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A Safe Approach to Youth Sports Specialization

2017 national athletic training month1. Delay specializing as long as possible!

Sport specialization is often described as participating and/or training for a single sport year-round. Adolescent* and young athletes should strive to participate, or sample, a variety of sports. This recommendation supports general physical fitness, athleticism and reduces injury risk in athletes.

2. One team at a time:

Adolescent and young athletes should participate in one organized sport per season. Many adolescent and young athletes participate or train year-round in a single sport, while simultaneously competing in other organized sports. Total volume of organized sport participation per season is an important risk factor for injury.

3. Less than eight months per year:

Adolescent and young athletes should not play a single sport more than eight months per year.

4. No more hours/week than age in years:

Adolescent and young athletes should not participate in organized sport and/or activity more hours per week than their age (i.e., a 12-year-old athlete should not participate in more than 12 hours per week of organized sport).

5. Two days of rest per week:

Adolescent and young athletes should have a minimum of two days off per week from organized training and competition. Athletes should not participate in other organized team sports, competitions and/or training on rest and recovery days.

6. Rest and recovery time from organized sport participation:

Adolescent and young athletes should spend time away from organized sport and/or activity at the end of each competitive season. This allows for both physical and mental recovery, promotes health and well-being and minimizes injury risk and burnout/dropout.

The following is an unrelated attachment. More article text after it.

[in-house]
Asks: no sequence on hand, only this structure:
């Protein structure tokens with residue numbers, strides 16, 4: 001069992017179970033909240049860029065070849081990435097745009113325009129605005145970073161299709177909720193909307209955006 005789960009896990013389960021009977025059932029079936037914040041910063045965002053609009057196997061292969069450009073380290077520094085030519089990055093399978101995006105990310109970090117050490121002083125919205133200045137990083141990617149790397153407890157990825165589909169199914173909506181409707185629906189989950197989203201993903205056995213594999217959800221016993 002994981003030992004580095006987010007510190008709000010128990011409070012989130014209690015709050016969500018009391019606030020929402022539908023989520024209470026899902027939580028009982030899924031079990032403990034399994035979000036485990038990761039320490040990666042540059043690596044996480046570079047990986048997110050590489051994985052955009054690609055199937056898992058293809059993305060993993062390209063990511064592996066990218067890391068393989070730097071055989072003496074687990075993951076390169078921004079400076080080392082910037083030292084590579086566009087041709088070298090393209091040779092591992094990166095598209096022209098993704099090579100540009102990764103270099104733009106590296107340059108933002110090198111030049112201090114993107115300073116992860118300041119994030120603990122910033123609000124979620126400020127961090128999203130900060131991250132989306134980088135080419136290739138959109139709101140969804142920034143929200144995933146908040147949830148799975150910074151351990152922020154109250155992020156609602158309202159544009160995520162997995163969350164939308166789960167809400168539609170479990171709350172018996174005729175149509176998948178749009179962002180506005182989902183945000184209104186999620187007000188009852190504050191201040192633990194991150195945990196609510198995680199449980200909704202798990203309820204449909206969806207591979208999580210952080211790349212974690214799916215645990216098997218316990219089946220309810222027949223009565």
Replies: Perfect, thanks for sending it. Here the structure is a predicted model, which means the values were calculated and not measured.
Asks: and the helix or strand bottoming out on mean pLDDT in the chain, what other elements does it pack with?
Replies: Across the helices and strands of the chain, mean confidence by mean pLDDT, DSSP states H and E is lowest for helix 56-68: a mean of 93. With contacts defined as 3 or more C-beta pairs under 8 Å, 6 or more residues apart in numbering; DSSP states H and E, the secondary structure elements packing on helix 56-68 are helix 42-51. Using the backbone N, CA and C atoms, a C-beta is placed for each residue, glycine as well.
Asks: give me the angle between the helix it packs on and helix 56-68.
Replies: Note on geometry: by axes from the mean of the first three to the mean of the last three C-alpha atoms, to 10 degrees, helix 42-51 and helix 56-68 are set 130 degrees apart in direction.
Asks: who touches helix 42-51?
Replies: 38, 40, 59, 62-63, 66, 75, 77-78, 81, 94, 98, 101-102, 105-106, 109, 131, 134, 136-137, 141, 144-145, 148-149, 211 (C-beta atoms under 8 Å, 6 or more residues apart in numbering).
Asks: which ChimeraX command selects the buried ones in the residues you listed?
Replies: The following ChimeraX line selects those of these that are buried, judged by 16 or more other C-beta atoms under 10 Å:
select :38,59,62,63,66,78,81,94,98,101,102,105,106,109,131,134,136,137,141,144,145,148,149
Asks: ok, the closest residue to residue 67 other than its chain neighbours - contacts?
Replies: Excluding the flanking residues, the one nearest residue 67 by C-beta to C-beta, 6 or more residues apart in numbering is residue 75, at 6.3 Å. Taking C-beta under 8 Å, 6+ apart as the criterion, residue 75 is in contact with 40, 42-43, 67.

Q: When should my child start focusing their time and energy on only one sport?

A: Single sport specialization should be delayed as long as possible – this supports overall
general fitness, athleticism, and reduces injury risk.

Q: Once we decide to specialize in one sport, what sort of recommendations should we
follow in order to reduce the risk of injury?

A: Stick to the sport of choice and refrain from adding other time-consuming activities along

Q: What sort of rest and recovery is needed?

A: Young athletes should have a minimum of 2 days rest per week as well as scheduled time off following each competitive season. This allows for mental and physical recovery including promotion of general health and well-being. This time is valuable for these reasons and its influence on minimizing injury risk and burnout.

March is National Athletic Training Month (NATM), and because this year’s NATM theme is ATs Impact Health Care Through Action, Athletico’s athletic trainers have developed a safe approach to youth sports to educate athletes, coaches and parents on ways to avoid injury.

More about Athletic Training Outreach Services

For more information, visit NATA’s official statement at

 **The World Health Organization (WHO) defines an adolescent as any person between the ages of 10 and 19.

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